The model is available in the 3D Warehouse.
Cool stuff and your name looked familiar, from over at FB`s Trimble Group. Would be a good share there as well. Great stuff …!!
I recently completed the third and final communications antenna from the Viking '75 Mars lander, a transmit-only UHF antenna. The UHF antenna relied on either of the two Viking orbiters to relay information sent from the lander to an orbiter, and thence on to Earth.
This relay capability was particularly important during the Entry, Descent, and Landing (EDL) phase of the mission after the lander capsule was released from being piggyback on its paired Orbiter, until landing on the surface of Mars about five hours later (most of that time was spent in final lander on-orbit checkout and de-orbit maneuvering). The lander transmitted a continuous signal via the omni-directional UHF antenna during EDL, which the orbiter relayed to Earth so that waiting Viking team members could get a real-time (though delayed via speed-of-light) stream of information. (To the great worry of team members, Viking 2’s EDL transmissions were not relayed live due to a transient problem on orbiter 2. They were sent later in the day to confirm safe landing of Viking lander 2.)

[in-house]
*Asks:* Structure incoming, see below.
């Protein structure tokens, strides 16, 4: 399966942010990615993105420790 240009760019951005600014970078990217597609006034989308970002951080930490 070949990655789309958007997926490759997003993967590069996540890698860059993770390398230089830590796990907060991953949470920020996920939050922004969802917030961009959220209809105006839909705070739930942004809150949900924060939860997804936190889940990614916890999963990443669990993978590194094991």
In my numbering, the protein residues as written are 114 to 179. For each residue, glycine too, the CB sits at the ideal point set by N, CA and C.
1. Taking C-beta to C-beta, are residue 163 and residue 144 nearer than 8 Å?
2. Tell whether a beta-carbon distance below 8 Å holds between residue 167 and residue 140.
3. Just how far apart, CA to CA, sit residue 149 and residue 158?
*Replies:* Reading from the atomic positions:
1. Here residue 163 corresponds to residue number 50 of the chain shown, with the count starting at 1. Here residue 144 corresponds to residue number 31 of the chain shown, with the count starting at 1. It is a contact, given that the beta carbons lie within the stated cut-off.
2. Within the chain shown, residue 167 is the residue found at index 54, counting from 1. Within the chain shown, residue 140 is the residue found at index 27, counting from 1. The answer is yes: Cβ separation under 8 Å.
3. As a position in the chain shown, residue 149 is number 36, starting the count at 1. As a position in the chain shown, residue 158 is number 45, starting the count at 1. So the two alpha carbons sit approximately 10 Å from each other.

Each of the antenna’s eight radiator rods is tipped with a metal sphere intended to reduce corona breakdown discharges at high power levels. The low-pressure carbon-dioxide atmosphere of Mars made the antenna particularly susceptible to corona breakdown. The corona balls were surrounded by polyurethane foam within a fiberglass sleeve to further inhibit the problem.